Wednesday, May 24, 2006
Do puppies need puppy food???
It's been a long time--in fact, too long--but I can't remember when we ever fed puppy food to our puppies. We have fed Pro Plan Lamb and Rice adult food from the time the puppies first start being weaned. I've talked to several orthopods and vets about the "large breed" forumlas and most feel that it is a hype and not really necessary. I can't argue with success as we have had very few orthopedic problems since we have been feeding the adult food. We grind up the large adult kibble in an old-fashioned hand cranked grinder (good for a workout!), add in some Half and Half, then some applesauce, and some Gerber chicken and rice baby food. This mess is then mixed with warm water to make a nice slurpy dish for the babies.
Most of the time they walk in the food, lie in the food bowl, and sometimes poop in the flying saucer (thankfully, this doesn't happen often). We keep feeding the gruel until they are around 6 weeks and then go to regular kibble with just the half and half and some canned Pedigree chopped chicken added. By the time, they are ready to go home, they are eating regular adult sized kibble with only a bit of Pedigree added in.
Why mess with success by changing the puppies to puppy food or LB formula? We don't advise it and give out instructions indicating what to feed. I don't care if the brand is switched from Pro Plan but don't advise changing from an adult formula.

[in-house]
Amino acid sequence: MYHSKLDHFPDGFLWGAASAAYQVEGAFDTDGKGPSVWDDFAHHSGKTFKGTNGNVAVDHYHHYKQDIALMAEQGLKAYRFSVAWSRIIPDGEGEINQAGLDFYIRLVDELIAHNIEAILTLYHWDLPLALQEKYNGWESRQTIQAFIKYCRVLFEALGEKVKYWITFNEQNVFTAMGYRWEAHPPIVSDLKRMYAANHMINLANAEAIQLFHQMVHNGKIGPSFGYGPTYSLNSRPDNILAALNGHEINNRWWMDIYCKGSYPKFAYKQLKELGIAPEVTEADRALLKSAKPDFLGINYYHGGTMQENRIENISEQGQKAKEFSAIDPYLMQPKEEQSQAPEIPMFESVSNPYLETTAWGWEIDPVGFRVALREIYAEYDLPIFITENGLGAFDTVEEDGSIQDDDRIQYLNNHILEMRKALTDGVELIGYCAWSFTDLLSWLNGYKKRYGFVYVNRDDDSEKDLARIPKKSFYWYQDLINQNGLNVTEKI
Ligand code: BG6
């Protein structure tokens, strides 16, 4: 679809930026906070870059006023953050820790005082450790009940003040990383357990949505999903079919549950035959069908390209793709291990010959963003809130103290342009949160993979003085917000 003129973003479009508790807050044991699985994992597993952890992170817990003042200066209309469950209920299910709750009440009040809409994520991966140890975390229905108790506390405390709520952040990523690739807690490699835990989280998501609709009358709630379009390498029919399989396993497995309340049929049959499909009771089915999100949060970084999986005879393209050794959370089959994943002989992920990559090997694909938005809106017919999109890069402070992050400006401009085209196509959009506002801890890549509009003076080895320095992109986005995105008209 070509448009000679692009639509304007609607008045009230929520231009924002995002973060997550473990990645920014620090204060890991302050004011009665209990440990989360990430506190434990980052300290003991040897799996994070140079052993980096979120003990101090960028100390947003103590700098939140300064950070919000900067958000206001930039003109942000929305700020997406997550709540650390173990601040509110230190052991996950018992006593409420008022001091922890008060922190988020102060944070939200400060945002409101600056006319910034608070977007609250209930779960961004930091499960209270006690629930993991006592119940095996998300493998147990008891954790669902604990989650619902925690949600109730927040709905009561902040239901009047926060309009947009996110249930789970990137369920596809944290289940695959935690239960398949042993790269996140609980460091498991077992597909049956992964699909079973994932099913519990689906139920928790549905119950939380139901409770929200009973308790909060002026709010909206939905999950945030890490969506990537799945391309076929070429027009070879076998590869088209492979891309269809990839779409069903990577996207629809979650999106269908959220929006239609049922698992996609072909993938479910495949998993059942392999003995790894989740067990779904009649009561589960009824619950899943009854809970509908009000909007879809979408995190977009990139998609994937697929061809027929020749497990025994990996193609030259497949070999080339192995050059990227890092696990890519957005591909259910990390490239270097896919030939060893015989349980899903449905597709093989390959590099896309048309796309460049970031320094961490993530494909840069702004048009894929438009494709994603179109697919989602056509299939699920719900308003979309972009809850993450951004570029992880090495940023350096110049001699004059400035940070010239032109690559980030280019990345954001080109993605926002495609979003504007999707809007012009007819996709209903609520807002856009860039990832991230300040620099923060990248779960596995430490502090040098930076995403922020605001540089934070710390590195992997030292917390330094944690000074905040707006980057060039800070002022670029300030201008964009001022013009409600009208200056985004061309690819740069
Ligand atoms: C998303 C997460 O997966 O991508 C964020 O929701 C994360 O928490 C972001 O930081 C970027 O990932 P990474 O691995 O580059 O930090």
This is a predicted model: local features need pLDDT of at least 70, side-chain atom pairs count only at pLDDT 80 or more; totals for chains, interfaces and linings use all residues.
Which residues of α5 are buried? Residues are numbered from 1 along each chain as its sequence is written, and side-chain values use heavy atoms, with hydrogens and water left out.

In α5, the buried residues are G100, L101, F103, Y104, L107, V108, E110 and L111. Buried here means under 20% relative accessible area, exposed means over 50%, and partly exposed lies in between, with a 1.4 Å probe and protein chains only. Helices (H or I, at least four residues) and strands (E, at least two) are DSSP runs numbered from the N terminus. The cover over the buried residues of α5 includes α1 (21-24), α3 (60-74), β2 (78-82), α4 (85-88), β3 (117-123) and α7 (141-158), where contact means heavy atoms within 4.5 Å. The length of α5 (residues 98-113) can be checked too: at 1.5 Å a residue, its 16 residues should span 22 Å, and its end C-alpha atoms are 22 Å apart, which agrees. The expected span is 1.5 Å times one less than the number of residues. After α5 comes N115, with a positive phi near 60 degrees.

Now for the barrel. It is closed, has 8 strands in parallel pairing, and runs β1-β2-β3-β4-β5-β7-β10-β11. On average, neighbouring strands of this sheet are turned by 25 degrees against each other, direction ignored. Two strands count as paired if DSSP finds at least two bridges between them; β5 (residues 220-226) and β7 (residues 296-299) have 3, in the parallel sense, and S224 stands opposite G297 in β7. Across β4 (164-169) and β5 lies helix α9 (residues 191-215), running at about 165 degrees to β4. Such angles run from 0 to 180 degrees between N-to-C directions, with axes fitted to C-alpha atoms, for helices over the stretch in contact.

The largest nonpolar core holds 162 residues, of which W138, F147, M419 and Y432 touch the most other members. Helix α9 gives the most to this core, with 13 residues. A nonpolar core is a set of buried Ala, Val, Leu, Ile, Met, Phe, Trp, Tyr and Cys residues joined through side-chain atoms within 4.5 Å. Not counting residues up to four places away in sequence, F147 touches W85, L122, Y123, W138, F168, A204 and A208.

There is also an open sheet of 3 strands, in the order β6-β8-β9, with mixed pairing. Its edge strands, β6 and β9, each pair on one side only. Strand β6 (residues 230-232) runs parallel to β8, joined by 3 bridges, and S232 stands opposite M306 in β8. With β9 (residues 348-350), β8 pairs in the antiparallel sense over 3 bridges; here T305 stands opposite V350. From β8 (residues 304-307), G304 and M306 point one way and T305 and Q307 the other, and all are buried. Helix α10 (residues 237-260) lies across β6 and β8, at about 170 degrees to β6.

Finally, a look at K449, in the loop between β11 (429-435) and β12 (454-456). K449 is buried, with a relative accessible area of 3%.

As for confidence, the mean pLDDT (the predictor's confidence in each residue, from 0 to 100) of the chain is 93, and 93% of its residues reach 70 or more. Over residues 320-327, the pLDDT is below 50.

What was the rationale for creating a large breed formulation in the first place? Over-nutrition of puppies – most especially excess amounts of protein and calcium – is implicated in the development of a number of growth and bone development disorders such as OCD and panosteitis. It also greatly exacerbates the development of hip dysplasia, which occurs most frequently in large and giant breeds. So for these dogs, pet food manufacturers have come up with reduced protein and calcium formulas, often with glucosamine and chondratin supplements added “to ease painful joints”. Well, glucosamine and chondratin may be useful supplements in easing the pain of arthritic and otherwise damaged joints (the jury is still out on that one) but the small amounts added to pet food are unlikely to be effective. More importantly, there is no evidence to suggest that they may be helpful in preventing the development of joint conditions in the first place. Perhaps the biggest flaw with the food is that puppy growth problems are at least partially attributable to over-nutrition, and excess amounts of protein and calcium commonly found in puppy formulas. In some cases, puppy foods can have protein levels up to around 44% (versus around 22-25% for adults). So why would you feed a puppy formula in the first place? There is no reason to suspect puppies need different food from adults – and post-weaning, they certainly wouldn’t have received different food sources in a natural environment. Our advice would be to avoid the large breed and puppy formulations completely, and to choose instead a good quality adult or all-life-stages food instead. If you do choose to feed a puppy food, please ensure that the protein and calcium levels are not excessive and switch to an adult food by around 4-6 months.
I've created this poll to get your opinions:
HAPPY BIRTHDAY BOB!!!
at 1:32 PM